In the branch of mathematics called **Graph Theory,** a **graph** bears no
relation to the graphs that chart data, such as the progress of the stock
market or the growing population of the planet. Graph paper is not particularly useful for drawing the graphs of Graph Theory.
In Graph Theory, a **graph** is a collection of dots that may or may not be
connected to each other by lines. It doesn't matter how big the dots are,
how long the lines are, or whether the lines are straight, curved, or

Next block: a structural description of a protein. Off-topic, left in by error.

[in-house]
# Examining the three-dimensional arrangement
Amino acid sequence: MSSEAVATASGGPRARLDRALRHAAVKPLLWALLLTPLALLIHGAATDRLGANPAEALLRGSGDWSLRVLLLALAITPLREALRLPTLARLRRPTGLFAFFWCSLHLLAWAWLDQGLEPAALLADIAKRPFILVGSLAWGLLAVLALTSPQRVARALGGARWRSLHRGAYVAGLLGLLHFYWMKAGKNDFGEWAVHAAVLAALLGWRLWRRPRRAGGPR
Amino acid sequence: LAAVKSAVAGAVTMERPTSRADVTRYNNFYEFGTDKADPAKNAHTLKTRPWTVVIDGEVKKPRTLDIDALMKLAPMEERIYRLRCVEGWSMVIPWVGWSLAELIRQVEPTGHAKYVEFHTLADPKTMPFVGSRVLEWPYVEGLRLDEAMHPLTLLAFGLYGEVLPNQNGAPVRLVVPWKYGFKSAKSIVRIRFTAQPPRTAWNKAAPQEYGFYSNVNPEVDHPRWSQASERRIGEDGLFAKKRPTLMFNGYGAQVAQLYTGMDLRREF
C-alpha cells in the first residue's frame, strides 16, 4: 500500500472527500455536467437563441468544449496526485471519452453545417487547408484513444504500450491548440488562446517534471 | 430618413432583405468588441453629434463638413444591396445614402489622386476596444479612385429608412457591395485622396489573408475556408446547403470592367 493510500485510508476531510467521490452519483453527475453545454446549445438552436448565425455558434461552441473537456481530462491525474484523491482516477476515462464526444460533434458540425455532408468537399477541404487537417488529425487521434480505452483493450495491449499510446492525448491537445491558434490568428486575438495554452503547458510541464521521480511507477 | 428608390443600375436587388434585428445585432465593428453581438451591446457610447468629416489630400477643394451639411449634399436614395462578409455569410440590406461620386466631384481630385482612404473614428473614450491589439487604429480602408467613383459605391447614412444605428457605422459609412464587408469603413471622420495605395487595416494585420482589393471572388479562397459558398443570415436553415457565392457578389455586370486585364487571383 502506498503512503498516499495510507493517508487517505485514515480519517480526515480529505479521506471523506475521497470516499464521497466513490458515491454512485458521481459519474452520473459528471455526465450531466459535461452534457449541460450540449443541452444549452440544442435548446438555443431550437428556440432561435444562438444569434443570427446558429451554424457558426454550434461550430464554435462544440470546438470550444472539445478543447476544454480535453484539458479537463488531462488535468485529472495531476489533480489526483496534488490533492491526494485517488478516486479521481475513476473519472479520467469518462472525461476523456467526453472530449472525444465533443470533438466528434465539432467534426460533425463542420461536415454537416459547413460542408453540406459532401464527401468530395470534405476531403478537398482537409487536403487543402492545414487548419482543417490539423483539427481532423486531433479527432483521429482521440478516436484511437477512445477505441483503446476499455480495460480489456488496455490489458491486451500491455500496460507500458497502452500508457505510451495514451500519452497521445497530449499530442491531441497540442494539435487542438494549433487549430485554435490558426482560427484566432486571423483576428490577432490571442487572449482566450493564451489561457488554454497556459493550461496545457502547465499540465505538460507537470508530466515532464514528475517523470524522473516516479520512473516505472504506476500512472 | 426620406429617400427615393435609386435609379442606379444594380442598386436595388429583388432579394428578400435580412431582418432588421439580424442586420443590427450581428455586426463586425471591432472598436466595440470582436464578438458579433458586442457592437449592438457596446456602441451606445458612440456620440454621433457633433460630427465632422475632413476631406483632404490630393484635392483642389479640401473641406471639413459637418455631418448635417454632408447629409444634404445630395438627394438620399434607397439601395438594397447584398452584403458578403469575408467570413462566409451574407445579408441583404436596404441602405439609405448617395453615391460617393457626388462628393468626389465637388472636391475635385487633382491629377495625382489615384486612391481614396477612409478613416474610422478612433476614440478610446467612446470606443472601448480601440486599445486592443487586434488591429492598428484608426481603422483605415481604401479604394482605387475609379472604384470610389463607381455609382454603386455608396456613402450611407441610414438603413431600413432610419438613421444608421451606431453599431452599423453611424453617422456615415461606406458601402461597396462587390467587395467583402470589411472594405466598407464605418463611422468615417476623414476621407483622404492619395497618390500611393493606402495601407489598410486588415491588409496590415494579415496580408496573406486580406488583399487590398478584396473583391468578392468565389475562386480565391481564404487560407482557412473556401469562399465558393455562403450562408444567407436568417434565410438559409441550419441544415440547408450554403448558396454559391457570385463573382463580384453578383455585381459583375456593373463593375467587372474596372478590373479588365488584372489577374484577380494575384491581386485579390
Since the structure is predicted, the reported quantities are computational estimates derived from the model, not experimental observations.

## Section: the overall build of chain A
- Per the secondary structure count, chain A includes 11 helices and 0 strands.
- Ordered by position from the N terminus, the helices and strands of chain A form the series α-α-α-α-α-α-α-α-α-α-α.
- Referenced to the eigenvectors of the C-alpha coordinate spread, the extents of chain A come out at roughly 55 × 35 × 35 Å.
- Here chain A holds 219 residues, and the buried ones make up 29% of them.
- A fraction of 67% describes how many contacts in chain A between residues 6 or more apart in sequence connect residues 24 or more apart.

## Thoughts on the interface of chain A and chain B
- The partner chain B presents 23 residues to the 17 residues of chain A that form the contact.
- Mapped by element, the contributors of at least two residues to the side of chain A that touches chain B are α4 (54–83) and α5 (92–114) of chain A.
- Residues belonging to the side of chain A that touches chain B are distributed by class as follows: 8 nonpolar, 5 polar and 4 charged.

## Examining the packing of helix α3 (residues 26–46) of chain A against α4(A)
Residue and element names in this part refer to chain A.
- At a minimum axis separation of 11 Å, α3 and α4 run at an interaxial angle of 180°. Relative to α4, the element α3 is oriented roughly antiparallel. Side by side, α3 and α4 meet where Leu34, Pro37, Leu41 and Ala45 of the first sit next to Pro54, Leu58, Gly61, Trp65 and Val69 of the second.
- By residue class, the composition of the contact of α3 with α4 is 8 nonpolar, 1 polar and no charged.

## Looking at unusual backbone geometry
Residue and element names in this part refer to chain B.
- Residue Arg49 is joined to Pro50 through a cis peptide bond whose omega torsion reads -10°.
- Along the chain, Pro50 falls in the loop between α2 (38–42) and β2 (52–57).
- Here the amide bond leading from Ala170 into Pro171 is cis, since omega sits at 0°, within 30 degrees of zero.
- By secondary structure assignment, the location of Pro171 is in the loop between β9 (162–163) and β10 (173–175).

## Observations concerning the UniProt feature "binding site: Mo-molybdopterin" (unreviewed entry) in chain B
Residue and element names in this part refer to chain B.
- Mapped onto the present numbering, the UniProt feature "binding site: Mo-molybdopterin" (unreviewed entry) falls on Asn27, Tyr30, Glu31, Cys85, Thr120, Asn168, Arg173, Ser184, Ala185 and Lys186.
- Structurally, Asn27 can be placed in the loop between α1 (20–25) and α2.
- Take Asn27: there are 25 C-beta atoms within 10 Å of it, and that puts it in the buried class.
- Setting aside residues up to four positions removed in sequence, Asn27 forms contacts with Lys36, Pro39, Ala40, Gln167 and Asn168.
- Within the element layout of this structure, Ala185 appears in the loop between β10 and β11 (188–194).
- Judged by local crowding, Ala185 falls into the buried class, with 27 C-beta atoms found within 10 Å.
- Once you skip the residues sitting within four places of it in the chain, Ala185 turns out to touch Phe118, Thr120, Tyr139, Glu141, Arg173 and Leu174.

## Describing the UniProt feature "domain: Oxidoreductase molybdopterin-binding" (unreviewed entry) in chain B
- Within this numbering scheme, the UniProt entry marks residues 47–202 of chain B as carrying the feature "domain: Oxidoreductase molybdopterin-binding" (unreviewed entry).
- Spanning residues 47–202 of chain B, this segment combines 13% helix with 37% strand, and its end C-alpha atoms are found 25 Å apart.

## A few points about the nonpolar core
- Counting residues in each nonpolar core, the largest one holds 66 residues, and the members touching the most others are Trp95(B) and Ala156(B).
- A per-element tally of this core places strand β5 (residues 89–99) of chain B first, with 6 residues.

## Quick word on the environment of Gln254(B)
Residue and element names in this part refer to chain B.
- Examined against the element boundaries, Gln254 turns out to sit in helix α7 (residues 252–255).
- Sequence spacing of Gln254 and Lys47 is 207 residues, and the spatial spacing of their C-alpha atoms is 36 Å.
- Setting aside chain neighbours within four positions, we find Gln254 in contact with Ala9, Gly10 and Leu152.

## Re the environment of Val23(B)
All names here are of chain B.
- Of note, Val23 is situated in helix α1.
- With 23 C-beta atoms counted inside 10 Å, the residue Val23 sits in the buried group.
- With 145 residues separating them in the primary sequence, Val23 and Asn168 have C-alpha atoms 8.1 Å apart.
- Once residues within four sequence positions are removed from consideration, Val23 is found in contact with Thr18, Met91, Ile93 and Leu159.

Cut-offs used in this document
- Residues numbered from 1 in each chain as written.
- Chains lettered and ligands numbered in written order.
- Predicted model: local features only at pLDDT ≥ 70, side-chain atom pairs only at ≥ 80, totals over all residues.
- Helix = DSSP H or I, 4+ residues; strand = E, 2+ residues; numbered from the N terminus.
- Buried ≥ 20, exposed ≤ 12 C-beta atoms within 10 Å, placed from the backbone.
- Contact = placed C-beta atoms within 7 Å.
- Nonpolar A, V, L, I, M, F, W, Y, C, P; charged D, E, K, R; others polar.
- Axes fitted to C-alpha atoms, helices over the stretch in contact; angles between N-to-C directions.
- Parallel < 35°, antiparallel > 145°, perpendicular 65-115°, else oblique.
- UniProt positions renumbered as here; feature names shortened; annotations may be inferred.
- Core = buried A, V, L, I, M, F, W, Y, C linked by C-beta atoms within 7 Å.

squiggly. The "dots" don't even have to be round!

All that matters is which dots are connected by which lines.

Two dots can only be connected by one line. If two dots are connected by a
line, it's not "legal" to draw another line connecting them, even if that
line stretches far away from the first one.

If you look at a graph and your eyes want to zip all around it like a car
on a race course, or if you notice shapes and patterns inside other shapes
and patterns, then you are looking at the graph the way a graph theorist
does.

##
Here are some of the special words graph theorists use to describe
what they see when they are looking at graphs:

## See also . . .